THE BLOG
11/29/2010 05:08 pm ET Updated Nov 17, 2011

Getting What You Want

Let's face it, a large component of being happy is getting what you want. Getting what you want is partially a game; it involves using your assets, adopting a reasonable strategy and, like Texas Hold 'Em, knowing the other players. Put yourself in the shoes of the young man in the following scenario, and see how well you can read the other players in the game.

Despite the fact that you're only the third-string running back on your high-school football team, you've still managed to score an unbelievable coup by bagging a date with Lydia Macintosh -- yes, the Lydia Macintosh! -- for Friday night, just three short days from now. Now, however, you are faced with that classic logistical problem: transportation.

This is critical; the Lydia Macintoshes of the world don't go on second dates with guys who take the bus. It's a standard problem for a teenage boy in a typical American family: you have to talk your parents into letting you have the family car. Ordinarily, this wouldn't be a major hassle, but they're pretty steamed about that C-minus on your last algebra exam, and Friday is fast approaching. After some reflection, you have narrowed your possible actions to the following three choices. Should you:

A) Ask your father, because he basically makes the decision as to who gets the car, and when?
C) Ask both of them simultaneously, say, at dinner, when everyone's feeling pretty good?

Maybe there's another possibility, but these are the three obvious ones. Which plan would you choose?

A) Ask your father, because he basically makes the decision as to who gets the car, and when:

One point: If you can get his approval, you're home free. But can you? See if you can think of a situation where Dad will approve, but Mom will not. Pretty tough, isn't it? This tells you that, in all possible cases, the payoffs for asking Dad are less than the payoffs for asking Mom.

Five points: In a typical family, mothers are more likely than fathers to stick up for the son. Especially in matters of the heart, Mom is almost certain to say "yes" every time Dad says "yes," and Mom will say "yes" in situations where Dad won't. As a result, asking Dad is inadmissible when compared with asking Mom. Adopting an inadmissible option is like accepting exactly the same job for lower pay -- it's an absolute no-no.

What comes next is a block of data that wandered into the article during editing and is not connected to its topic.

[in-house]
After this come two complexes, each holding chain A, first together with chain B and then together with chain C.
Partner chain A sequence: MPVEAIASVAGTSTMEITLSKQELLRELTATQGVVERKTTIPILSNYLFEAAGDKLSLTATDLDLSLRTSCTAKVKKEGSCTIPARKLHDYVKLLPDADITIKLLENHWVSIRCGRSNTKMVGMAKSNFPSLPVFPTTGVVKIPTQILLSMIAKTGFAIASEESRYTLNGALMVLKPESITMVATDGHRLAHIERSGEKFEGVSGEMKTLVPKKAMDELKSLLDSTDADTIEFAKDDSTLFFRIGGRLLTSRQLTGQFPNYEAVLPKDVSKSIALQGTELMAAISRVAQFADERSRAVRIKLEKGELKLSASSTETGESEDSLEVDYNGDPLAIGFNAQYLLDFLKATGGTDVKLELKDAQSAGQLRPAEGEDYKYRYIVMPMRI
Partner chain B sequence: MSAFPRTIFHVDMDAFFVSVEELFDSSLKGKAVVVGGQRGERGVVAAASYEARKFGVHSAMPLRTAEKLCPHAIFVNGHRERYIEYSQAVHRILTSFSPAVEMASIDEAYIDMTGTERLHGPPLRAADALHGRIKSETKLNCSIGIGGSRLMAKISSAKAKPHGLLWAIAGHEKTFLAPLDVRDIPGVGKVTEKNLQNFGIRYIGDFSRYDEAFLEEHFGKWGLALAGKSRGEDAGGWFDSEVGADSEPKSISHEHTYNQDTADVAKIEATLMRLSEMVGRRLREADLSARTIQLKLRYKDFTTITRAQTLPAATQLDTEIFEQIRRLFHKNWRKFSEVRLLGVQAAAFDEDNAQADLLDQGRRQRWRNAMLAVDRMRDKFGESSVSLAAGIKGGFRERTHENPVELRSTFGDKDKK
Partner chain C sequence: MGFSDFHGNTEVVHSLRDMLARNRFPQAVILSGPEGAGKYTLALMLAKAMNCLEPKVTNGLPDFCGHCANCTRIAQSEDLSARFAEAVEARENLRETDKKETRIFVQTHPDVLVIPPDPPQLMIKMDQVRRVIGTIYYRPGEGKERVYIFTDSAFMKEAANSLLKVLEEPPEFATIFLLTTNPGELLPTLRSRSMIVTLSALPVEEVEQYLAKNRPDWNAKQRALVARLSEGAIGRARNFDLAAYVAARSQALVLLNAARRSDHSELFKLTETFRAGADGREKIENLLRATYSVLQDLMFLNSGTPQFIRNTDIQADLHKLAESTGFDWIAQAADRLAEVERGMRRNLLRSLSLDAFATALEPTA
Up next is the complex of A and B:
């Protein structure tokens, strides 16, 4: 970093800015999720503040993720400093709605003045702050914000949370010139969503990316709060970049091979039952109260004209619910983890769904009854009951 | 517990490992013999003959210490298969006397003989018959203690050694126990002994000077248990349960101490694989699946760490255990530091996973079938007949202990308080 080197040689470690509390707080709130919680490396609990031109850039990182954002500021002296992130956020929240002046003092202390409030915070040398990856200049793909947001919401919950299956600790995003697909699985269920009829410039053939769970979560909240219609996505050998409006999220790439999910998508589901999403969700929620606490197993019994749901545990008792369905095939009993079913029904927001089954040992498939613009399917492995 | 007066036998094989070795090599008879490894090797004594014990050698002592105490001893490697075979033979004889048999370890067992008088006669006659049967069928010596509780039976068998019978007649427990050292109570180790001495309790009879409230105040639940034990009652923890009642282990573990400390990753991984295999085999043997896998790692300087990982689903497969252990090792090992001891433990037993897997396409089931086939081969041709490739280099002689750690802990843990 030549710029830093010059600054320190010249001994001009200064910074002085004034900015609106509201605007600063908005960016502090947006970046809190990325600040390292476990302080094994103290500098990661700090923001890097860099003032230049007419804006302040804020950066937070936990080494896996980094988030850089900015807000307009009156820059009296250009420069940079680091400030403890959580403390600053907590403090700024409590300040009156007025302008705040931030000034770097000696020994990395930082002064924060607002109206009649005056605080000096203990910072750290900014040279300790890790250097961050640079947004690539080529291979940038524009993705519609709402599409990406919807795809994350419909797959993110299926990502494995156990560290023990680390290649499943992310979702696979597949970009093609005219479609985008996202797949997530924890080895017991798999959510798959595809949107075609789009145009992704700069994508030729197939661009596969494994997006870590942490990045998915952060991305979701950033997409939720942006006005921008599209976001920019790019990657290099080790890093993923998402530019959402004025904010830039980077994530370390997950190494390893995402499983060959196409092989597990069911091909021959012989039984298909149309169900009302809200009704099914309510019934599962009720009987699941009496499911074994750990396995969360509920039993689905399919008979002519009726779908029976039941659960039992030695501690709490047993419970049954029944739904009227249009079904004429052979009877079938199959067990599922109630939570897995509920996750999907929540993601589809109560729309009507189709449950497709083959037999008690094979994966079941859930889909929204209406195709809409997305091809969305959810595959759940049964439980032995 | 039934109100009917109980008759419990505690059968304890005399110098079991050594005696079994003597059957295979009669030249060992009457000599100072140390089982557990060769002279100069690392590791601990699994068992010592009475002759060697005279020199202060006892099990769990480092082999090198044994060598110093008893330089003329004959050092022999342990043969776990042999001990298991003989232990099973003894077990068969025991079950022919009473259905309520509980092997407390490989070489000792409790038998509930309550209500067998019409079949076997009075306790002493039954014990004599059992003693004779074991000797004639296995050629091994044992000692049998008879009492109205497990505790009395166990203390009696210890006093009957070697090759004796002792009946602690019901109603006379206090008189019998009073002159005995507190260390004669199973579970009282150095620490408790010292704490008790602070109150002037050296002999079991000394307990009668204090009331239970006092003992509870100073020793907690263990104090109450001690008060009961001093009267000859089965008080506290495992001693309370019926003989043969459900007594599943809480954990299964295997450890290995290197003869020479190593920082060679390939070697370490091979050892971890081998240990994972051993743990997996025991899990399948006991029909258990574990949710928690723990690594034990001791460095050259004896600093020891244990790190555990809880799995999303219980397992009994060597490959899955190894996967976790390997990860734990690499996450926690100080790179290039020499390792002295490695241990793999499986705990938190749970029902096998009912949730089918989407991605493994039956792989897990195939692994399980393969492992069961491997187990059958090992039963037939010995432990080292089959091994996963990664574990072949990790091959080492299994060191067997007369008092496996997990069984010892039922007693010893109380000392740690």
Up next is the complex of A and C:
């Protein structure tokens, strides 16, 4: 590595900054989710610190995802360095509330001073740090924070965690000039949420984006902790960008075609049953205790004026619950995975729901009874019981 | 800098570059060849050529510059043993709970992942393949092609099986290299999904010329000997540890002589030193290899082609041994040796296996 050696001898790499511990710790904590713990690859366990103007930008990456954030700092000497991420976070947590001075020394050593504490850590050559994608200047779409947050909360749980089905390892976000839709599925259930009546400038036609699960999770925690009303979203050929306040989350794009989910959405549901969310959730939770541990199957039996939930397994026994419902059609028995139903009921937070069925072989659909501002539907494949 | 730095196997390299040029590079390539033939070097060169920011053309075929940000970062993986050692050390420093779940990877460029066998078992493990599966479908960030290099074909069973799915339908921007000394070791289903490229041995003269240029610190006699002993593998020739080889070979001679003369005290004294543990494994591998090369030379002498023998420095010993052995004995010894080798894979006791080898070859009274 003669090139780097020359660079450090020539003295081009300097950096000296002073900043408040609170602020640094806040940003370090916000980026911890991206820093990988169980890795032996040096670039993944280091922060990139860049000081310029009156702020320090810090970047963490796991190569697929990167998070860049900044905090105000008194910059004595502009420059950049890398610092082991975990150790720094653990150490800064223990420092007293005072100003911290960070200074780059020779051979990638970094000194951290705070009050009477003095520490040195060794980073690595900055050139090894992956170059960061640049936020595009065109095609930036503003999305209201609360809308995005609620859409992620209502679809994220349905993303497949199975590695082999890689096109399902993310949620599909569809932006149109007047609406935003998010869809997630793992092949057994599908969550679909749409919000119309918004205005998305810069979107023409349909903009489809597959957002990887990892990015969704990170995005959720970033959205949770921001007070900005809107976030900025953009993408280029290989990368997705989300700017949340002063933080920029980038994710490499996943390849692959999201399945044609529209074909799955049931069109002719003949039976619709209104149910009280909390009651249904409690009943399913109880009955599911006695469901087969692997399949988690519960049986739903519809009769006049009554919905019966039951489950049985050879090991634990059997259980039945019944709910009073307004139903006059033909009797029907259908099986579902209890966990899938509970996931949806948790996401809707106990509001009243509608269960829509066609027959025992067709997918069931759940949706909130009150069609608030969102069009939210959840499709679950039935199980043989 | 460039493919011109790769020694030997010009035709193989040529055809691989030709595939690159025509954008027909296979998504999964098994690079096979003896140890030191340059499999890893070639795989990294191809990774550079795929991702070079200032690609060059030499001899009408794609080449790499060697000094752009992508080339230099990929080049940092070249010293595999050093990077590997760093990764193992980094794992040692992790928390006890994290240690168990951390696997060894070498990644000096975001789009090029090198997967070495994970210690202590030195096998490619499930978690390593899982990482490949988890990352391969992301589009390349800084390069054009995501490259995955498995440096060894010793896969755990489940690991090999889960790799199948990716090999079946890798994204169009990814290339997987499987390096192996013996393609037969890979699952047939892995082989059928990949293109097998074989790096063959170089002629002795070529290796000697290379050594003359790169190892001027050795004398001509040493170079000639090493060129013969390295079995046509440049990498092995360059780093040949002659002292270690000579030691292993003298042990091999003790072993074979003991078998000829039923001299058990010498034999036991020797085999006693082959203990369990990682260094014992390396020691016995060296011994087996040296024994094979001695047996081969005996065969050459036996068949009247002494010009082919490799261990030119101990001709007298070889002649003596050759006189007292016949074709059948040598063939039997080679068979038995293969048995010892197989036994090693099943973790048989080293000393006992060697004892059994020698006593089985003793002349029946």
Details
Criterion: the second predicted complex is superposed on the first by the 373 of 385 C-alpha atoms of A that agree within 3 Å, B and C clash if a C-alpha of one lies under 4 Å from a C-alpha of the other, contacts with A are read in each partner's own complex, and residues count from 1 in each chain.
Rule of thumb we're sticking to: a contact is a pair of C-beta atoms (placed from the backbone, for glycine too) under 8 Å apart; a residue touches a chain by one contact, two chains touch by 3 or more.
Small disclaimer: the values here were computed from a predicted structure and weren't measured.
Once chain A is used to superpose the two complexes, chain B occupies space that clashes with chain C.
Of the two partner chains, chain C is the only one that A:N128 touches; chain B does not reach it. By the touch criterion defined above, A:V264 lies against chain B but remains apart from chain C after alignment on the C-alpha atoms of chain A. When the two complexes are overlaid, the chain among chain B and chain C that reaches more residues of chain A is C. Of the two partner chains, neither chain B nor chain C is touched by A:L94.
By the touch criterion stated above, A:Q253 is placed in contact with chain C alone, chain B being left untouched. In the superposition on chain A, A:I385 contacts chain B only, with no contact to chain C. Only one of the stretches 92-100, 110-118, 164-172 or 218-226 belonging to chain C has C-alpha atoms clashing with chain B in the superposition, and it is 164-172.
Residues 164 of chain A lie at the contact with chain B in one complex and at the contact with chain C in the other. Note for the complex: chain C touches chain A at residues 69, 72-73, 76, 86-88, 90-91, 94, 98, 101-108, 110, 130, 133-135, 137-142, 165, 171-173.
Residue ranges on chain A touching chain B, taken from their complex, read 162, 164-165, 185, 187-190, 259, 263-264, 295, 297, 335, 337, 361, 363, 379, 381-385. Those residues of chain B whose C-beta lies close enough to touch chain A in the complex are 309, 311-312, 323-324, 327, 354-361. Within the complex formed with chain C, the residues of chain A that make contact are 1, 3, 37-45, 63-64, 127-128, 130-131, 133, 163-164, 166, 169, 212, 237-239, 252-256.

Additionally, that C-minus puts you in a vulnerable position, and so you've got to focus on your opponent's weakness rather than your strength. Dad may control the keys to the car, Mom generally controls the keys to Dad, and if Mom says "yes," Dad will have a hard time over-ruling her.

C) Ask both of them simultaneously, say, at dinner, when everyone's feeling pretty good:

Three points: Once again, the payoffs for asking Mom dominate the payoffs for asking both of them. Getting a "yes" from both of them just has to be tougher than simply getting a "yes" from Mom, no matter how good the meal is. You're liable to see each glance at the other, and hear a remark such as "we'll think about it." Even so, you've at least brought Mom into the picture before Dad has a chance to say "no."

There's an important principle here, in addition to knowing how people behave. One of the worst things you can do when making a decision is to consider an option that can never work out better than another alternative. Remember that line, "See if you can think of a situation where Dad will approve, but Mom will not"? When you look at it this way, you'll realize that you have to take the option of asking Dad off the table; you'll never get better results by asking him.

Eliminating alternatives that have inferior payoffs on a case-by-case basis when compared with another action is a common-sense decision principle you can apply to your life. A simple example would be when you're signing up for a health plan. If the features that are important to you are cost and doctor accessibility, and Plan A is cheaper than Plan B and gives you access to more and equally competent doctors, you'll obviously choose Plan B.

The principle of eliminating obviously inferior alternatives seems to be so simple that it doesn't need to be stated. The difficulty is that it's not always immediately clear that one alternative is inferior when compared to another one. In order to determine this, it is necessary to look down the road a little and try to list the different situations that may occur. In the above example, if you take the straightforward approach by thinking that Dad has the keys to the car and he's the one that should be asked, you may not end up getting what you want. More often than not, getting what you want involves playing your cards right -- and knowing the other players.